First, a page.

“We can see elements of what we do that can be even better,” she said.

“We won’t be first in the medal table in 2024 as the gap between us and the US is enormous, but we have more sports now that know how to win medals and more sports that know how to win gold medals.”

A number of sports have lost UK Sport funding for the 2020 Olympics in Tokyo, including badminton, archery, fencing, weightlifting and wheelchair rugby. That has been largely driven by a fall in the National Lottery money available to the agency, with fewer people playing it.

Cycling – which brought Team GB 12 medals in Rio – has had its funding cut by more than £4m to £25.98m.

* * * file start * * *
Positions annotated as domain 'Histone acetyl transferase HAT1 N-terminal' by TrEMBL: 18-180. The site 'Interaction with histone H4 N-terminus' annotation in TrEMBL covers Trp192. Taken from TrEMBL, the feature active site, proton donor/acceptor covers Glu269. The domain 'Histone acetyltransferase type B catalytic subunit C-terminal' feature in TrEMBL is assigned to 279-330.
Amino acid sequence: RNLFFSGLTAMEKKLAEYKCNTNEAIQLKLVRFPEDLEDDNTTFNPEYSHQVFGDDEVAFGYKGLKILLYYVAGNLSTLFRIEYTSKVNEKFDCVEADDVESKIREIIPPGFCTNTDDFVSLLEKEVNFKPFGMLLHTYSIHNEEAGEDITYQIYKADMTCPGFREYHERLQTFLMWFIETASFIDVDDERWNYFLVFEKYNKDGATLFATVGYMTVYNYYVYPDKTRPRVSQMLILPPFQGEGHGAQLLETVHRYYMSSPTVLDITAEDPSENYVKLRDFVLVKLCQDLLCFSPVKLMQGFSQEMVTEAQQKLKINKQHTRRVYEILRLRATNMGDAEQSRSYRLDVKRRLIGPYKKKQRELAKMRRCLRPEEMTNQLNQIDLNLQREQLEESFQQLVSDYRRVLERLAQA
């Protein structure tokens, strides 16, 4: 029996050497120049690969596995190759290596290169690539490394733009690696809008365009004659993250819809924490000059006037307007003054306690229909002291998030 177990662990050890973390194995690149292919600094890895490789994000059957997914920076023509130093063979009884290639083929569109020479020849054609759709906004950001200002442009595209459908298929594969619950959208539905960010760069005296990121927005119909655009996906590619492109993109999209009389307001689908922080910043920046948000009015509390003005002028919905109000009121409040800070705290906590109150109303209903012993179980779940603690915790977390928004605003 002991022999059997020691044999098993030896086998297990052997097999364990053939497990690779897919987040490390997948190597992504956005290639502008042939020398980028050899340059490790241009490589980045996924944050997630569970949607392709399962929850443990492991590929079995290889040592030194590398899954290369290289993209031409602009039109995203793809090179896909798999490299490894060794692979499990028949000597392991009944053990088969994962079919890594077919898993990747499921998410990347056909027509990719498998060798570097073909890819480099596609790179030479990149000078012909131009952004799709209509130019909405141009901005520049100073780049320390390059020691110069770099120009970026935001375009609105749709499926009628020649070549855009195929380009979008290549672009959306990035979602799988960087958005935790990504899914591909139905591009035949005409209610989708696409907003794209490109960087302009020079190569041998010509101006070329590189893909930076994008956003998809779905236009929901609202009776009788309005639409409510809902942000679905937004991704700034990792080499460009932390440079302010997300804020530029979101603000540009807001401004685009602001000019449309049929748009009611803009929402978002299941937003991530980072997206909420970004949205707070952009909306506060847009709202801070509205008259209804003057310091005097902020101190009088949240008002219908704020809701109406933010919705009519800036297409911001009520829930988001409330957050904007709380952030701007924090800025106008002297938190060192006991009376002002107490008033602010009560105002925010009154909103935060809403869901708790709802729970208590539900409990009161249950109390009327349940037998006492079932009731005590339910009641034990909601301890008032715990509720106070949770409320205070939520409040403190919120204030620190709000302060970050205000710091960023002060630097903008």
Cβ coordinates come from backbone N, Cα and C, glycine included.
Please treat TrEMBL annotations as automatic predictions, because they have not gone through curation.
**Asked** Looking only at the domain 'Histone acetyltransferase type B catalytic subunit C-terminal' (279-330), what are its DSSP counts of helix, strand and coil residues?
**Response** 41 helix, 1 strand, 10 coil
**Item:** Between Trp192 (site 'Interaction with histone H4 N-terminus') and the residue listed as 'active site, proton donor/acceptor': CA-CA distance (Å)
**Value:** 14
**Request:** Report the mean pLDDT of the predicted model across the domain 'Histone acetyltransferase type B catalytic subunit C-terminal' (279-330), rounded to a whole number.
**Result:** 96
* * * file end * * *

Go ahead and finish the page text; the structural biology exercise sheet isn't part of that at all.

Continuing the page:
“After Rio there were more sports that had no funding,” said Nicholl. “Our board then said this for us is the tipping point, it can’t be any deeper than that. Even to fund the sports we are funding now we have to have a government underwrite it.”

UK Sport recently launched a £3m Aspiration Fund in a bid to help more athletes compete at the Tokyo Games who compete in unfunded sports, including skateboarding and surfing, which will make their debut in 2020.

Nicholl said the fund was a “pilot”, adding: “We will learn from it, whether it can be embedded into a future strategy.”

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UCI Urban Cycling World Championships: Jack Carthy retains Urban BMX title

Britain’s Jack Carthy wins the men’s elite 26-inch title for the third straight year at the Urban Cycling World Championships in Chengdu, China.

WATCH MORE: The brutal life of a BMX rider

Available to UK users only.